Research Article | Open Access
R. D. Daheriya, Rashmi Jain, Manoj Ughade, "Some Fixed Point Theorem for Expansive Type Mapping in Dislocated Metric Space", International Scholarly Research Notices, vol. 2012, Article ID 376832, 5 pages, 2012. https://doi.org/10.5402/2012/376832
Some Fixed Point Theorem for Expansive Type Mapping in Dislocated Metric Space
The purpose of this paper is to present some fixed point theorem in dislocated quasimetric space for expansive type mappings.
1. Introduction and Preliminaries
It is well known that Banach Contraction mappings principle is one of the pivotal results of analysis. Generalizations of this principle have been obtained in several directions. Dass and Gupta  generalized Banach’s Contraction principle in metric space. Also Rhoades  established a partial ordering for various definitions of contractive mappings. In 2005, Zeyada et al.  established a fixed point theorem in dislocated quasimetric spaces. In 2008, Aage and Salunke  proved some results on fixed point in dislocated quasimetric spaces. Recently, Isufati , proved fixed point theorem for contractive type condition with rational expression in dislocated quasimetric spaces. The following definitions will be needed in the sequel.
Definition 1.1 (see ). Let be a nonempty set, and let be a function, called a distance function. One needs the following conditions:(M1),
(M2), then ,(M3),
(M4)’, for all
If satisfies conditions (M1)–(M4), then it is called a metric on . If satisfies conditions (M1), (M2), and (M4), it is called a quasimetric on . If it satisfies conditions (M2)–(M4) ((M2) and (M4)), it is called a dislocated metric (or simply -metric) (a dislocated quasimetric (or simply -metric)) on , respectively. If a metric satisfies the strong triangle inequality (M4)’, then it is called an ultrametric.
Definition 1.2 (see ). A sequence in -metric space (dislocated quasimetric space) is called a Cauchy sequence if, for given there exists such that or , that is, for all.
Definition 1.3 (see ). A sequence in -metric space [-metric space] is said to be -converge to provided that In this case, is called a -limit [-limit] of and we write .
Definition 1.4 (see ). A -metric space is called complete if every Cauchy sequence in it is a dq-convergent.
Example 1.5. Let. Define by . Then the pair is a dislocated metric space. We define an arbitrary sequence in by , . Let , then, for and , we have. Thus, is a Cauchy sequence in . Also as , then . Hence, every Cauchy sequence in is convergent with respect to . Thus, is a complete dislocated metric space.
2. Main Results
In this paper, we prove some fixed point theorem for continuous mapping satisfying expansion condition in complete -metric space.
Theorem 2.1. Let be a complete dislocated metric space and a continuous mapping satisfying the following condition: for all , , where are real constants and, . Then, has a fixed point in .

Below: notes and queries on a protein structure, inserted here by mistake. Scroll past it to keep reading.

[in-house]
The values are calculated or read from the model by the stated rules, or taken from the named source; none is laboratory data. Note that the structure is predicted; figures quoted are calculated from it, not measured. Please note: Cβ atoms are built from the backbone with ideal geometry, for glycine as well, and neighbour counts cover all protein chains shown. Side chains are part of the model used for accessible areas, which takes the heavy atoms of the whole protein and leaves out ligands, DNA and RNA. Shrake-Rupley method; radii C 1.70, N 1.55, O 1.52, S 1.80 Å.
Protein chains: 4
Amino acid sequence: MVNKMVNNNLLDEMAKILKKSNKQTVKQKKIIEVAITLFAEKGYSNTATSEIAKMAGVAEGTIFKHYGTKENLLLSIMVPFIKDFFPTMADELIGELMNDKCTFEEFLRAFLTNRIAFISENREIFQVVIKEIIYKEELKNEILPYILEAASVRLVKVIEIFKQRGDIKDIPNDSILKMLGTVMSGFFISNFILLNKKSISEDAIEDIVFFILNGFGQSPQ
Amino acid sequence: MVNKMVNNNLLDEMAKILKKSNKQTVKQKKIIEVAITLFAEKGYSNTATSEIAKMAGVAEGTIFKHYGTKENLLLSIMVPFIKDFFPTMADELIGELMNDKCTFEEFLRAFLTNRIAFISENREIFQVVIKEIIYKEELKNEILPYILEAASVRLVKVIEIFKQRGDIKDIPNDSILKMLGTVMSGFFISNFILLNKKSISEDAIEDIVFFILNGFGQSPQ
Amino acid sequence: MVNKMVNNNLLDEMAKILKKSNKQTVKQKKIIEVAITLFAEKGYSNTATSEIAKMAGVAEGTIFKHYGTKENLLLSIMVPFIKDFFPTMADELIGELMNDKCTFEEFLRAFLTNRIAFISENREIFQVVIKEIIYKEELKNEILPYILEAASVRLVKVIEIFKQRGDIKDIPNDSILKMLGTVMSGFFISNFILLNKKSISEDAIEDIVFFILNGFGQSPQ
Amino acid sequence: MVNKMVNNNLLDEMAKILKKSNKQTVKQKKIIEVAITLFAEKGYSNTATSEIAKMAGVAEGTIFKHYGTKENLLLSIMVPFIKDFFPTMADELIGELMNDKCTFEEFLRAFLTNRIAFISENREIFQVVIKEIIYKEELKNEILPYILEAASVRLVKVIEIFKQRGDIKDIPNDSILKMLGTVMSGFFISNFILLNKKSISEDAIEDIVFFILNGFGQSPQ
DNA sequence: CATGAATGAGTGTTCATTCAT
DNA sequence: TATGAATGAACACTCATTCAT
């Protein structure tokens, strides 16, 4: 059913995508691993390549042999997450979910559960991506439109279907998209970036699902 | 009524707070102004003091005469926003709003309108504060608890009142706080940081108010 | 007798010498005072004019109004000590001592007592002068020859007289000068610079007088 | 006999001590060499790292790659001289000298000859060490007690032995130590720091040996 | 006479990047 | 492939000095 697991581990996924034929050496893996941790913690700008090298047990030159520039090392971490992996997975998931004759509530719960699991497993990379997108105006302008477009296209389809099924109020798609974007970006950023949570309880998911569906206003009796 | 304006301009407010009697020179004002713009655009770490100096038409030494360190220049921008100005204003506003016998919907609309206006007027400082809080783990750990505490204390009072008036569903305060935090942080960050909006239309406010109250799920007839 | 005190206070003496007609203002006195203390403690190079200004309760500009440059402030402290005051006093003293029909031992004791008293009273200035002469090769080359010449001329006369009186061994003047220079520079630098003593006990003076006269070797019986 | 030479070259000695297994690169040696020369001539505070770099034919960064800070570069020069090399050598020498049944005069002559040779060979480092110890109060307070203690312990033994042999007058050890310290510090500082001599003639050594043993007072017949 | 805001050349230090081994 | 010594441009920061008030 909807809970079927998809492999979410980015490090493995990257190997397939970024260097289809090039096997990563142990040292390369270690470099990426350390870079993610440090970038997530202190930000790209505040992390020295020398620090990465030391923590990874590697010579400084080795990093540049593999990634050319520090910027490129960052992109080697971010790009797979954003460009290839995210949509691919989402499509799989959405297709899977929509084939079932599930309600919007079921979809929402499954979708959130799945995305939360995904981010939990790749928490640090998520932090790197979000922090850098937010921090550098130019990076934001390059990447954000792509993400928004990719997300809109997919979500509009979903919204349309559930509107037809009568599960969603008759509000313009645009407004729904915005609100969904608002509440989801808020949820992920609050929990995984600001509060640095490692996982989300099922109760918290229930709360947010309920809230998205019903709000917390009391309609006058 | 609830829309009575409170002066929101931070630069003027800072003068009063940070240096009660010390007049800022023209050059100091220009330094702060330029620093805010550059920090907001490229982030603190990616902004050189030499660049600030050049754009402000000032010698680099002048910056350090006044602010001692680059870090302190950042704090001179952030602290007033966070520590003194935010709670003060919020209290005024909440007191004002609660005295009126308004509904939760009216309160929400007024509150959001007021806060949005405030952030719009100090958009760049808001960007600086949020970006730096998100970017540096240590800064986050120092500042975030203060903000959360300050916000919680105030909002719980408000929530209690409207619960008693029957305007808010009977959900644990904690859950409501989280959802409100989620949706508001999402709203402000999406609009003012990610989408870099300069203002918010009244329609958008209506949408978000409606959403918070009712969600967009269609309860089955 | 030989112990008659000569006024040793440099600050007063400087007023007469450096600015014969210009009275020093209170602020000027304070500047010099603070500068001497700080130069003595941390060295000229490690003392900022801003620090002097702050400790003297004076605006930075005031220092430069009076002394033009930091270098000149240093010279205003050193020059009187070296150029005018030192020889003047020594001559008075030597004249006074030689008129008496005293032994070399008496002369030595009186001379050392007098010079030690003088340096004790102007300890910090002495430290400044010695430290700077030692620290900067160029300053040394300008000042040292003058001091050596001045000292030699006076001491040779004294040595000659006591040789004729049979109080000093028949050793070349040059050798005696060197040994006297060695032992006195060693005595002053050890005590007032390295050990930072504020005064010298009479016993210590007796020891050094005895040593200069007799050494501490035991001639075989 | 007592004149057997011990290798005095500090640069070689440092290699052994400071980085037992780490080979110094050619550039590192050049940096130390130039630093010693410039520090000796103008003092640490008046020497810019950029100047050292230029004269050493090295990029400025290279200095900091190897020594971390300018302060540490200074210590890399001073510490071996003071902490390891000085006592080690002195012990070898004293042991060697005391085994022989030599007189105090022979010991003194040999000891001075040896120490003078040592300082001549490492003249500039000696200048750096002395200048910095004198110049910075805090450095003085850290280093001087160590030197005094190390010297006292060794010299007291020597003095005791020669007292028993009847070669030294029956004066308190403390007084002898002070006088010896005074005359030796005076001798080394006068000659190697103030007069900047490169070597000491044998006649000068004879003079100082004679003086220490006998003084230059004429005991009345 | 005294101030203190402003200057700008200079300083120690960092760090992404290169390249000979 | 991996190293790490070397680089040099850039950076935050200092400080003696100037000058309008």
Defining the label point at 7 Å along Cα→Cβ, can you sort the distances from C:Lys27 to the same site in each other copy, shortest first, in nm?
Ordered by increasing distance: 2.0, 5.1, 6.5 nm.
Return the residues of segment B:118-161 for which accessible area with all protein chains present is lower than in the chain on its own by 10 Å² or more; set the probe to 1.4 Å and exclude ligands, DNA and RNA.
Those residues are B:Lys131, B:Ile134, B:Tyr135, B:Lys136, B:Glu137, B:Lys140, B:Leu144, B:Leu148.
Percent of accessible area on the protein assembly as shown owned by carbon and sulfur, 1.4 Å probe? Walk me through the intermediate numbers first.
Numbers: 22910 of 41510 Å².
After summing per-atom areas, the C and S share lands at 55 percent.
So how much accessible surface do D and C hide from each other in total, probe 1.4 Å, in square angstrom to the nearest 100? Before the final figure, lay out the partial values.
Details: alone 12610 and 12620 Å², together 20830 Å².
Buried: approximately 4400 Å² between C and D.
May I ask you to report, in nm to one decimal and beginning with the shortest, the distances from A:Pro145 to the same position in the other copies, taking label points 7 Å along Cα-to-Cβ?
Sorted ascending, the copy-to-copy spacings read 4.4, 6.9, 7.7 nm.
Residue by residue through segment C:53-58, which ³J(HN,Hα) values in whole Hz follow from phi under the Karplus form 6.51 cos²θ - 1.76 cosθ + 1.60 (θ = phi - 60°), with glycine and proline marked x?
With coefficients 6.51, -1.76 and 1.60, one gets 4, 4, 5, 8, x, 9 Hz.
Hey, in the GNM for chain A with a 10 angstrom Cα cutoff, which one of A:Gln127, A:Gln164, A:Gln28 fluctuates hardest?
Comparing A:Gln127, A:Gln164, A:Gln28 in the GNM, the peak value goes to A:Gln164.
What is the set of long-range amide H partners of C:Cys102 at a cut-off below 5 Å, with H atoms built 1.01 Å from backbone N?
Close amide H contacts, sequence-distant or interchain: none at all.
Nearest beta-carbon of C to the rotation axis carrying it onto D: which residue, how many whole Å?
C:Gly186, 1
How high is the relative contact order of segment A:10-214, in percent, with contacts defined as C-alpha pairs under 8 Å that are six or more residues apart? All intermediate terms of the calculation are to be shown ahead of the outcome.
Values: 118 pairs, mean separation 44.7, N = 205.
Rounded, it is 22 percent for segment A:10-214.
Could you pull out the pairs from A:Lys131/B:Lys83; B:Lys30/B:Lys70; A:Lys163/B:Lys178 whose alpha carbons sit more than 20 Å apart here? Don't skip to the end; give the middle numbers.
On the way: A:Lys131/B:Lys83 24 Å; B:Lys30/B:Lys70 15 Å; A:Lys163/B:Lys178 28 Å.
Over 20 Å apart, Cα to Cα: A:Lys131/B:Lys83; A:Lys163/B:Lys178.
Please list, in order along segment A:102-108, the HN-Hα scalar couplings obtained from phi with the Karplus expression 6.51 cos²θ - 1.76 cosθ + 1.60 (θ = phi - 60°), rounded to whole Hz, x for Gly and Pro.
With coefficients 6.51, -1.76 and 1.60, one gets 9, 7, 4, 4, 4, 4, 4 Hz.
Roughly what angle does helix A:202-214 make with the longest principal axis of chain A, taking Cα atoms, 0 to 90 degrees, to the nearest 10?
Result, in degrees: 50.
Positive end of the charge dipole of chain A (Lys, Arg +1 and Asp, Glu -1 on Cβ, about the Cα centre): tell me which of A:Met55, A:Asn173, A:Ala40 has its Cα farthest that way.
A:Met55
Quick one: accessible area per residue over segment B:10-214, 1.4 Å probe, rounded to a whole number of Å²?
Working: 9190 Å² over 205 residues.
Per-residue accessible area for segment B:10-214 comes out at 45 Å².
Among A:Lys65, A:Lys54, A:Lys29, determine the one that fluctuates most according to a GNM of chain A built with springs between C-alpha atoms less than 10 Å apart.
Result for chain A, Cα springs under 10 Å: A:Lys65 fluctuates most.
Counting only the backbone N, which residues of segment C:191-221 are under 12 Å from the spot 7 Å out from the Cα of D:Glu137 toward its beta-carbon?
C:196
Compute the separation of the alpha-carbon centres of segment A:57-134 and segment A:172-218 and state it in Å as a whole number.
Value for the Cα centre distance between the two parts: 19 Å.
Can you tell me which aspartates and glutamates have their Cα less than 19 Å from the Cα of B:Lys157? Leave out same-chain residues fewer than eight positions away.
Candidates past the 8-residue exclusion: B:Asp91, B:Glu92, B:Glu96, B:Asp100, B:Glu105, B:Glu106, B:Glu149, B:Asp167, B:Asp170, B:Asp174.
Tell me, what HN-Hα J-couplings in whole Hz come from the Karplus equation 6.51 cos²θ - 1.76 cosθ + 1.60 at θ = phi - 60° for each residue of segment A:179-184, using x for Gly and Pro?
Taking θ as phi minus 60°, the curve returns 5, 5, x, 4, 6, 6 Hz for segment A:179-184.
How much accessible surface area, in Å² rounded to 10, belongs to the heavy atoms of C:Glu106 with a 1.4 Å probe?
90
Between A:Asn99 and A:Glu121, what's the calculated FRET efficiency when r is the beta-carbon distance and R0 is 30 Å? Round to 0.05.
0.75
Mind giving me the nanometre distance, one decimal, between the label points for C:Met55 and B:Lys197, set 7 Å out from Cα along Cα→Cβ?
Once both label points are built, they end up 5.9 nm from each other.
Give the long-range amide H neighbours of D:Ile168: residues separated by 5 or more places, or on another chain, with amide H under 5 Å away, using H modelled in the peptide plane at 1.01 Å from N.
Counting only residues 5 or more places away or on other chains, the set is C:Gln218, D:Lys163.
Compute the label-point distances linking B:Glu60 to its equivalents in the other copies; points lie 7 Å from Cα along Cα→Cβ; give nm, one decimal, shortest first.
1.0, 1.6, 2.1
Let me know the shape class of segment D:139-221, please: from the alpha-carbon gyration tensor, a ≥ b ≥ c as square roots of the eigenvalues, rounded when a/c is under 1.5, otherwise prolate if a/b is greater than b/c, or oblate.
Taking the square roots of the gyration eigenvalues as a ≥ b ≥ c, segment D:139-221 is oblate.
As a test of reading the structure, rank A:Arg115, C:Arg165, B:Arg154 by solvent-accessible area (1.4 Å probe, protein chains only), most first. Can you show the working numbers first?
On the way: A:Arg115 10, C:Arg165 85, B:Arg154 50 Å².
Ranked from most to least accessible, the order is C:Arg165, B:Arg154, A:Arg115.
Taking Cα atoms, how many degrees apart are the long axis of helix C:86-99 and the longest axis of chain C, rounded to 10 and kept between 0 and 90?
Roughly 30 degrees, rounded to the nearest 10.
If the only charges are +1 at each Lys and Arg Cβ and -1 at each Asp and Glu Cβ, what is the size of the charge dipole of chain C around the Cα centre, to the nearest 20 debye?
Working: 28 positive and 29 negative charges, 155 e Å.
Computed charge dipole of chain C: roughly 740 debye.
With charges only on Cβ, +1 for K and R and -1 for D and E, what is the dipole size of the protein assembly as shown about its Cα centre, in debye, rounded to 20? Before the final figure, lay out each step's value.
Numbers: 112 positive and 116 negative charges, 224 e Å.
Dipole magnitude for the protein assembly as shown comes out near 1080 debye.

Proof. Choose be arbitrary, to define the iterative sequence as follows and for . Then, using (2.1), we obtain The last inequality gives where . Hence, by induction, we obtain Note that, for such that , we have Since , then as, . Hence, as. This forces that is a Cauchy sequence in . But is a complete dislocated metric space; hence, is -converges. Call the -limit. Then, as. By continuity of we have, that is, ; thus, has a fixed point in.
Let be another fixed point of in, then and . Now, This implies that This is true only when. Similarly,. Hence, and so . Hence, has a unique fixed point in.
Next we prove Theorem 2.1 for surjective mapping.
Theorem 2.2. Let be a complete dislocated metric space and a surjective mapping satisfying the condition (2.1) for all, , where are real constants and , . Then, has a fixed point in .
Proof. Choose to be arbitrary, and define the iterative sequence as follows: for . Then, using (2.1), we obtain, sequence is a Cauchy sequence in . But is a complete dislocated metric space; hence is -converges. Call the -limit. Then, as. Existence of Fixed Point
Since is a Surjective map, so there exists a point in, such that. Consider Taking , we get Similarly, . Hence, and so , that is, is a fixed point of.Uniqueness
Let be another fixed point of in, then and . Now, This implies that This is true only when. Similarly, . Hence, and so . Hence has a unique fixed point in. The proof is completed.
- B. K. Dass and S. Gupta, “An extension of Banach contraction principle through rational expression,” Indian Journal of Pure and Applied Mathematics, vol. 6, no. 12, pp. 1455–1458, 1975.
- B. E. Rhoades, “A comparison of various definitions of contractive mappings,” Transactions of the American Mathematical Society, vol. 226, pp. 257–290, 1977.
- F. M. Zeyada, G. H. Hassan, and M. A. Ahmed, “A generalization of a fixed point theorem due to Hitzler and Seda in dislocated quasi-metric spaces,” The Arabian Journal for Science and Engineering A, vol. 31, no. 1, pp. 111–114, 2006.
- C. T. Aage and J. N. Salunke, “The results on fixed points in dislocated and dislocated quasi-metric space,” Applied Mathematical Sciences, vol. 2, no. 57–60, pp. 2941–2948, 2008.
- A. Isufati, “Fixed point theorems in dislocated quasi-metric space,” Applied Mathematical Sciences, vol. 4, no. 5–8, pp. 217–223, 2010.
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